Out of the box, the Nest Cam immediately feels more solid than its Drop Cam Pro predecessor. In particular, the pivot joint is way more adjustable than on the model it's replacing. Because of that and the base, which is now magnetic, you can mount it pretty much anywhere. If that setup doesn't work for you, you can remove the base and attach the camera to a standard tripod mount for additional placement options.
Setting up the camera is also easier than it was when it was made by Dropcam. Just plug the camera into a power source, take a photo of the QR code with the iOS or Android app (see, QR codes aren't completely worthless) and plug in your wireless password. Now if you happen to change your network name or log-in, things might get confusing. Instead of going into settings in the app, you navigate to Home Help, then Wi-Fi Help and select the camera, then update the WiFi information. This isn't something you'll do often, but it's still an odd way of updating something as basic as a network password.
The camera's 1080p image quality is better than the 720p Dropcam, but only slightly. You get better clarity and less pixelation, but unless you look at the images produced by the cameras side by side, you probably wouldn't notice. The big win for 1080p is that saved videos will look nicer when you play them back.
Even in night mode, the difference between the two cameras isn't immediately noticeable. Yes, it's brighter and crisper, but really, a burglar in your home in the dead of night within 20 feet of the device will be easily recognizable on either camera. Still, the Nest Cam offers solid night vision for when you need to keep an eye on your home in the evening and a crispy daytime image of your pets lounging around the house while you're at work.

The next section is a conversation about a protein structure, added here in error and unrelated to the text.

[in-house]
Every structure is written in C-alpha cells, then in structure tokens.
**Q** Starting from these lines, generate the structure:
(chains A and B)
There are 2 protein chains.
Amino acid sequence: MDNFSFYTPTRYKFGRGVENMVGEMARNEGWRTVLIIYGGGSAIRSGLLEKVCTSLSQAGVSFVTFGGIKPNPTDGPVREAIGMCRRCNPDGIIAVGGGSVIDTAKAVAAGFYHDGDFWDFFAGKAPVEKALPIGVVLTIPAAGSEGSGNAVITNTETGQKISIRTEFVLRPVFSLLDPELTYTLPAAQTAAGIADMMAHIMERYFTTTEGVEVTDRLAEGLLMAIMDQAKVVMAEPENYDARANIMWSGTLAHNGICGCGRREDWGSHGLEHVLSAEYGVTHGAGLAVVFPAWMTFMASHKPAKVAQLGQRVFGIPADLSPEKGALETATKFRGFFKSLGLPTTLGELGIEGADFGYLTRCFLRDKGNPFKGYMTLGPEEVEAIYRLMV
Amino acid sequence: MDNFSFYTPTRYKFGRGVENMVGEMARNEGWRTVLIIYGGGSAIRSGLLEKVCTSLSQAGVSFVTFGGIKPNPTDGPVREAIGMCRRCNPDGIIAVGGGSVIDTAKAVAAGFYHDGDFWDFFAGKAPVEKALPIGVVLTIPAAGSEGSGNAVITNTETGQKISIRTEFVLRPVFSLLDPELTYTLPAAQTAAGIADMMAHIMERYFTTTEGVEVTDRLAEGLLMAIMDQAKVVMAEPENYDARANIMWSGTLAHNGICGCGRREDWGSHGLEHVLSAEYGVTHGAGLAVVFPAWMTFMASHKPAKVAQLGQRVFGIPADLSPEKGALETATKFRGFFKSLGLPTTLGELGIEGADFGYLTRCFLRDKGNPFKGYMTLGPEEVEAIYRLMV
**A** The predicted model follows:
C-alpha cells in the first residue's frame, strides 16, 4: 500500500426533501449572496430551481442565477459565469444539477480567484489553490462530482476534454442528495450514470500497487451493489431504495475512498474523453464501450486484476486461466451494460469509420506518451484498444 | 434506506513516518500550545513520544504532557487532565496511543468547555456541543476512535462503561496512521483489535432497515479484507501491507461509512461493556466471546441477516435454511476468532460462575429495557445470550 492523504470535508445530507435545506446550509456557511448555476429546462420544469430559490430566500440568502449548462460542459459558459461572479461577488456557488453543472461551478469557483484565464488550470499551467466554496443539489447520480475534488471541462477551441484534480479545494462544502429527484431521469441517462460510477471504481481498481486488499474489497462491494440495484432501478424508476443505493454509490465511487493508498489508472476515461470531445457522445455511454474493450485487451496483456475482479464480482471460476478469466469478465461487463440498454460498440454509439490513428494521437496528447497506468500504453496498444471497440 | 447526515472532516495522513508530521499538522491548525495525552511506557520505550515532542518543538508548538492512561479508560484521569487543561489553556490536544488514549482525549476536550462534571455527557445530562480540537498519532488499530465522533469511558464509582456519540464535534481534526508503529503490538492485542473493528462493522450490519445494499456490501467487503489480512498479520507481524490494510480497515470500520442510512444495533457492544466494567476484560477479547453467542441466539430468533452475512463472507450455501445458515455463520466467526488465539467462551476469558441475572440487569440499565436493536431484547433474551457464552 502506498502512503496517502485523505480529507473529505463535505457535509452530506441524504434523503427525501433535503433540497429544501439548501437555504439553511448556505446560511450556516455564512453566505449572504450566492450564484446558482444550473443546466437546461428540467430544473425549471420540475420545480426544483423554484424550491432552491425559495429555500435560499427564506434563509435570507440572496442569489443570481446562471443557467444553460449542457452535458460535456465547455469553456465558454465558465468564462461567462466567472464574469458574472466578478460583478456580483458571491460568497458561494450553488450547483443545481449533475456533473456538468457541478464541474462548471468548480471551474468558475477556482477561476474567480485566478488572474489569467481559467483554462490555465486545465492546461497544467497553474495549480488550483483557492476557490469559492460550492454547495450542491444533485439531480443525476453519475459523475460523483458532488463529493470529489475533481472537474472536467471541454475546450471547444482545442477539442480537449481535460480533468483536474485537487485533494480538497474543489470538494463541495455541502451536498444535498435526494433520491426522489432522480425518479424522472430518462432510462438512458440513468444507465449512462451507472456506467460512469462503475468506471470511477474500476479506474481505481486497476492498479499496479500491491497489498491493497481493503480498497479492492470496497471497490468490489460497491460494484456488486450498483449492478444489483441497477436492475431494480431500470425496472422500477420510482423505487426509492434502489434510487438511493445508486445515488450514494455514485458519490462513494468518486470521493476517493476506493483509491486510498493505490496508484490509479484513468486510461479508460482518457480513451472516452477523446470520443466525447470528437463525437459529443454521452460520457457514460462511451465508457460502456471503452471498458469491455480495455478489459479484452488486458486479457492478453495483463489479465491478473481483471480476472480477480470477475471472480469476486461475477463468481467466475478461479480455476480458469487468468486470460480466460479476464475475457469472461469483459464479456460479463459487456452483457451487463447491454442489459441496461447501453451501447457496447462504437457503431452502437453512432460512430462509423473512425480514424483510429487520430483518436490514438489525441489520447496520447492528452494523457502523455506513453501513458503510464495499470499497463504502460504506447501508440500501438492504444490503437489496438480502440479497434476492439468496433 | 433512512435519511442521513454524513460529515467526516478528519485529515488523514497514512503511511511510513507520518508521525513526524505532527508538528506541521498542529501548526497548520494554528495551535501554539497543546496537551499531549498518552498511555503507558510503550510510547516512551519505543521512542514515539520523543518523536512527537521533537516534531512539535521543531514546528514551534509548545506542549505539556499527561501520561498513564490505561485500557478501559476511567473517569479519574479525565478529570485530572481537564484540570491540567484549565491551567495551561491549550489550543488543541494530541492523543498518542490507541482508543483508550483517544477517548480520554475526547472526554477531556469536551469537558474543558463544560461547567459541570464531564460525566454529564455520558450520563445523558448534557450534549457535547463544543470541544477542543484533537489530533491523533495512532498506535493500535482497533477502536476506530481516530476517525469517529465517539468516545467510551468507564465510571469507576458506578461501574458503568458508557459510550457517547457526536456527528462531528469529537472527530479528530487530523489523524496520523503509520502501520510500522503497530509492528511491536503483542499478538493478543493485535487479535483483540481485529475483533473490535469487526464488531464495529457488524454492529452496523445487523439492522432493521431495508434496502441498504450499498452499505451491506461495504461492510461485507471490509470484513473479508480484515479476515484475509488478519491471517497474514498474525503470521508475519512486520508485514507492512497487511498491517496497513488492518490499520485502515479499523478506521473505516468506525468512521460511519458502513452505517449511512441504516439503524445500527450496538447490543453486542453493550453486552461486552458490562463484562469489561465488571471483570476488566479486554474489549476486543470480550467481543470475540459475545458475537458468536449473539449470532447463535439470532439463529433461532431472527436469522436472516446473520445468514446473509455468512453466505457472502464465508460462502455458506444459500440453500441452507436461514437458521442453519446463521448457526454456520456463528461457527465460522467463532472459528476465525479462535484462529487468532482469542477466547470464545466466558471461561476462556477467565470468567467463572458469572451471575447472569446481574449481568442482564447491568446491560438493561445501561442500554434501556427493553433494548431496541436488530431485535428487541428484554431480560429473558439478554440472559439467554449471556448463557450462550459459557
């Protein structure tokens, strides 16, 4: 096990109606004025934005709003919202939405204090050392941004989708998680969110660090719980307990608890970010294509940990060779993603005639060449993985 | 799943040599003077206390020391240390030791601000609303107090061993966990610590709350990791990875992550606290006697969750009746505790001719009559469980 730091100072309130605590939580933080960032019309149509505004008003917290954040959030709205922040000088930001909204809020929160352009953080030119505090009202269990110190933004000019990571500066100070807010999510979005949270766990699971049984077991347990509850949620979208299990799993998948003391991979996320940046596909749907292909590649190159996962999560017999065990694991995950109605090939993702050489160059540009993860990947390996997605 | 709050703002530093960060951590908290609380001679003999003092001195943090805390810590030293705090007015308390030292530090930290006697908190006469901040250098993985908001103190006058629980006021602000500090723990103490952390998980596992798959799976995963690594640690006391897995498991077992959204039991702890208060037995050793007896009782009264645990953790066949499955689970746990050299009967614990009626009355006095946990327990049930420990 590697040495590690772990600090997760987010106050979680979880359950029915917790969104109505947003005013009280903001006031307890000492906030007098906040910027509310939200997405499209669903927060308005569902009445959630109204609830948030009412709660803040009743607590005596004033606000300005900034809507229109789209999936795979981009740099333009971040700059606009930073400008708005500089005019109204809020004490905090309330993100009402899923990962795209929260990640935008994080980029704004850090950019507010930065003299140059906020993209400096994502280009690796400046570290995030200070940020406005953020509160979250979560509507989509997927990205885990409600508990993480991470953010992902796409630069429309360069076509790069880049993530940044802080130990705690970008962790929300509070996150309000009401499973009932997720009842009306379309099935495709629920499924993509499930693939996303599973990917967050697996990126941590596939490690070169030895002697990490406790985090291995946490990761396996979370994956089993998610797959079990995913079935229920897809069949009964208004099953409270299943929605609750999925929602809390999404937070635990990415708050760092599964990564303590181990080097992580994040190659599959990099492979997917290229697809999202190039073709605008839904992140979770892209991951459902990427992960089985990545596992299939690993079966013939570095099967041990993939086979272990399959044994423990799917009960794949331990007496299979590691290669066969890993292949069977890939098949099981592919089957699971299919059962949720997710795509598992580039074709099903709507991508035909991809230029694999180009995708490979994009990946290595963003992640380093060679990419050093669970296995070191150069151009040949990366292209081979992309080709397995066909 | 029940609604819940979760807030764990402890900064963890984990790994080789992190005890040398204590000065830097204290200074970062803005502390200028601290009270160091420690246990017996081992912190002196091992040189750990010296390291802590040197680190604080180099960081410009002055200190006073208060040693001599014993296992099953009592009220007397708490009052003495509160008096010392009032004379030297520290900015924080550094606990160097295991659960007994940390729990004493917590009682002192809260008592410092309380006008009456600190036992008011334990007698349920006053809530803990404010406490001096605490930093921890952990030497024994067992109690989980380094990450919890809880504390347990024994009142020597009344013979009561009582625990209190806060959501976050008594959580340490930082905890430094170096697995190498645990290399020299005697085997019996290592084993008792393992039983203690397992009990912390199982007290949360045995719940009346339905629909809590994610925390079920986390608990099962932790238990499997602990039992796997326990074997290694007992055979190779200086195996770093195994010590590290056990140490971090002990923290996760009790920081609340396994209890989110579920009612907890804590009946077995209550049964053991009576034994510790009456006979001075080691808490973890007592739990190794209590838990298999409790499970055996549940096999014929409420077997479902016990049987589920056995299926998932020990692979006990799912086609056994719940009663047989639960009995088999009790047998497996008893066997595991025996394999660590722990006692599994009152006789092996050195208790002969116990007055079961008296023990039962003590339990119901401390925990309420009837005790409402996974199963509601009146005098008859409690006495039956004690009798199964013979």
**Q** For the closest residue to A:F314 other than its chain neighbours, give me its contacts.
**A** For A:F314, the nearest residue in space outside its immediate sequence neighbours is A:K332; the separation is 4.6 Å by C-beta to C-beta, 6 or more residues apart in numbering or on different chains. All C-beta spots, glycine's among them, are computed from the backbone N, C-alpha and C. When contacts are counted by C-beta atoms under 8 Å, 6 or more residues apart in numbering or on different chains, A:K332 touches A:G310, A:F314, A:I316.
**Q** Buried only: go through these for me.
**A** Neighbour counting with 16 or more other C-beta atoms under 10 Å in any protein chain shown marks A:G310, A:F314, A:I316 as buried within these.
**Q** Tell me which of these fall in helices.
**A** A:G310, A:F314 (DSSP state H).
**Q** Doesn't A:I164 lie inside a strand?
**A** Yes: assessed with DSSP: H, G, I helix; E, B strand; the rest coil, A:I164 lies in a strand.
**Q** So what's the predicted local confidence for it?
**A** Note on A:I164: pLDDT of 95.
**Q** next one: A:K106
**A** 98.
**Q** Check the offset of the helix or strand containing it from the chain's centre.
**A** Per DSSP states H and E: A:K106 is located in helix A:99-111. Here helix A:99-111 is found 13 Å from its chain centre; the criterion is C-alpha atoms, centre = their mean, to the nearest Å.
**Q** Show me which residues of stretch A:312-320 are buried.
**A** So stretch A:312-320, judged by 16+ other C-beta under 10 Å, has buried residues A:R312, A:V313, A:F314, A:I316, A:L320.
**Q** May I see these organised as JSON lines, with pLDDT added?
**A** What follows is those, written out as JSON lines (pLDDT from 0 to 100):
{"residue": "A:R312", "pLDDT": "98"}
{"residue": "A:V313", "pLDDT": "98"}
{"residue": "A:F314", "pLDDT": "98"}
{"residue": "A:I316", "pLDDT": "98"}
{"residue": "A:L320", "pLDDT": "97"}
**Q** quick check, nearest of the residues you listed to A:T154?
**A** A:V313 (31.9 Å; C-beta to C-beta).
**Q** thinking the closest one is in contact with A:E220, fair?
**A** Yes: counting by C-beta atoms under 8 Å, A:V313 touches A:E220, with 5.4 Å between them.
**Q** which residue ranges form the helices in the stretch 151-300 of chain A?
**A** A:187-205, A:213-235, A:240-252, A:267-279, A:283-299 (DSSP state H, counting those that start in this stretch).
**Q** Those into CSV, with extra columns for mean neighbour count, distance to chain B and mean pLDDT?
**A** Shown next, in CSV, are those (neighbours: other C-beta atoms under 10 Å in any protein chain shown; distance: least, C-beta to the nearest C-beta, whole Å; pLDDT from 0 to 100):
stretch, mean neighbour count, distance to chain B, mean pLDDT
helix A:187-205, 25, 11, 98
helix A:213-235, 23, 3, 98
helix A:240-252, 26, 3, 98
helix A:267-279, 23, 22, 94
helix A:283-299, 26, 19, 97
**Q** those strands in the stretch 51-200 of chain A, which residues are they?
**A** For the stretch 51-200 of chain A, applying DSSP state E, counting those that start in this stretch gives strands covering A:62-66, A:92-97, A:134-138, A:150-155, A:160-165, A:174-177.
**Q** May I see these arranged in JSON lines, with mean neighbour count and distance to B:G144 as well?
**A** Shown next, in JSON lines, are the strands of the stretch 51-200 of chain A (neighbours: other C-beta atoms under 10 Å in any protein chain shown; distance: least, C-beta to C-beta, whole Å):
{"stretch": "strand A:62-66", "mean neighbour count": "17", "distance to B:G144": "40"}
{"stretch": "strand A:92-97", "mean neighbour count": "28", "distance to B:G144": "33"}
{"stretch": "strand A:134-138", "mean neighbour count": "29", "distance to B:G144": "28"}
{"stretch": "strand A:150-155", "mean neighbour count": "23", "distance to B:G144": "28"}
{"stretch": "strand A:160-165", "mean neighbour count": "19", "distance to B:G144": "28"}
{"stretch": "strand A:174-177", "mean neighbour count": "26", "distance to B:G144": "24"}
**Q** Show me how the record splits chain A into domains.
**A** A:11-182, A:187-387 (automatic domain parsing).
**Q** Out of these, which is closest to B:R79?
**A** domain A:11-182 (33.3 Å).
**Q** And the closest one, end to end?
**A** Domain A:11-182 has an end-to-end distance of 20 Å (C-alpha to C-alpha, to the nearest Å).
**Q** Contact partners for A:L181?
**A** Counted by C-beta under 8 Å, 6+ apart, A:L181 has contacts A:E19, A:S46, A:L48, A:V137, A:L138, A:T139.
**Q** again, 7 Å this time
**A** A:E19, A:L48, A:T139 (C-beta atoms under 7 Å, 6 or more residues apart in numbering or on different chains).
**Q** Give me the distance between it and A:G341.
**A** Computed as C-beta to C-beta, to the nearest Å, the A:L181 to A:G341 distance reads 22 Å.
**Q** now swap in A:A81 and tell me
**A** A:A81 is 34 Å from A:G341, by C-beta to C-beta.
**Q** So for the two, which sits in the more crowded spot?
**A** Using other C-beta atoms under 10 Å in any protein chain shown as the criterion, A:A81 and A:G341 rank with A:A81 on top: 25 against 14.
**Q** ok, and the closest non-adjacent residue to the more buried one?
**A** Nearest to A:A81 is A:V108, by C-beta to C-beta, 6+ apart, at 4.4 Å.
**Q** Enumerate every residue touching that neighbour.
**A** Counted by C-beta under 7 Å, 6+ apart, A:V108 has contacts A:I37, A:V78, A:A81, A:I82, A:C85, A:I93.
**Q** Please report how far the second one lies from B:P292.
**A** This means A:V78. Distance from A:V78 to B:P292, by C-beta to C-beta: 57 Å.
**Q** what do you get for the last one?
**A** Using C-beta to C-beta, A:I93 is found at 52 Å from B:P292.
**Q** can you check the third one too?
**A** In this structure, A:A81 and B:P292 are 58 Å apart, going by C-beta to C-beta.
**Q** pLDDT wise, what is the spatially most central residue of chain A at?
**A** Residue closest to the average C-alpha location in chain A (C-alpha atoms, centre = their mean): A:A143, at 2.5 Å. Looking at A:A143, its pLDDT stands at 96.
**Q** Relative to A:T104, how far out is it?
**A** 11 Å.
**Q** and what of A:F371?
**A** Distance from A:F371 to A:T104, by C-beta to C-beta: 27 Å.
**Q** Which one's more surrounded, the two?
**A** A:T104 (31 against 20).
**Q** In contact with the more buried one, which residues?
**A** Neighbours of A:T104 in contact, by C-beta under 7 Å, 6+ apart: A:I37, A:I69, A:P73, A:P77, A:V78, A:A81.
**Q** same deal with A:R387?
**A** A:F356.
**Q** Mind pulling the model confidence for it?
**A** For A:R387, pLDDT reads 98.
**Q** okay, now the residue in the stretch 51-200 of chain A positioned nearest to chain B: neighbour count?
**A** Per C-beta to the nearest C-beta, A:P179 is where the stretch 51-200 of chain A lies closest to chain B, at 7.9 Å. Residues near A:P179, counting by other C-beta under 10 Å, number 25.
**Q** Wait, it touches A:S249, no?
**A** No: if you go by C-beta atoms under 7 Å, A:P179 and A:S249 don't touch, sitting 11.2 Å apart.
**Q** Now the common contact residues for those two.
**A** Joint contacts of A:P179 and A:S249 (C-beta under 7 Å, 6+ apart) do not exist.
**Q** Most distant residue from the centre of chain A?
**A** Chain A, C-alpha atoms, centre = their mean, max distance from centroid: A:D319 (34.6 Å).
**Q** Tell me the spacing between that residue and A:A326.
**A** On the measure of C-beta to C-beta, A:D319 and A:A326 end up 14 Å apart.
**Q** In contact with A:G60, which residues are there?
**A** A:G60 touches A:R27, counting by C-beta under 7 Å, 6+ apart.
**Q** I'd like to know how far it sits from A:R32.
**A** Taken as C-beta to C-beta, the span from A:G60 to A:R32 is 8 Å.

The Nest Cam also features a motion-detection system that breaks out video with movement and alerts you via the app that something has moved within the frame. When Nest first unveiled it, the company boasted of new algorithms that would minimize false alerts. For the most part, the updated software does a good job of not hassling you when nothing is actually happening. While pointed indoors, it alerted me of people and cats moving about, but ignored curtains and other items rippling in the wind. Nest says the camera will also ignore moving vehicles.
Indeed, the Nest Cam ignored passing cars coming toward the camera, but still pinged me about humans riding bikes and walking around my neighborhood. That said, cars driving away from the camera triggered an alert about 40 percent of the time. I live on a relatively quiet street so I'm not sure if a busier thoroughfare would offer better data to tune the alerts, or if it would just send off an alert every few seconds.
Fortunately, you get granular control over motion detection thanks to what Nest is calling "activity zones." Just select a zone and the app will alert you when there is movement in that zone. Perfect for areas where you just need to know that someone is approaching and not already sitting on a couch moving their arms about.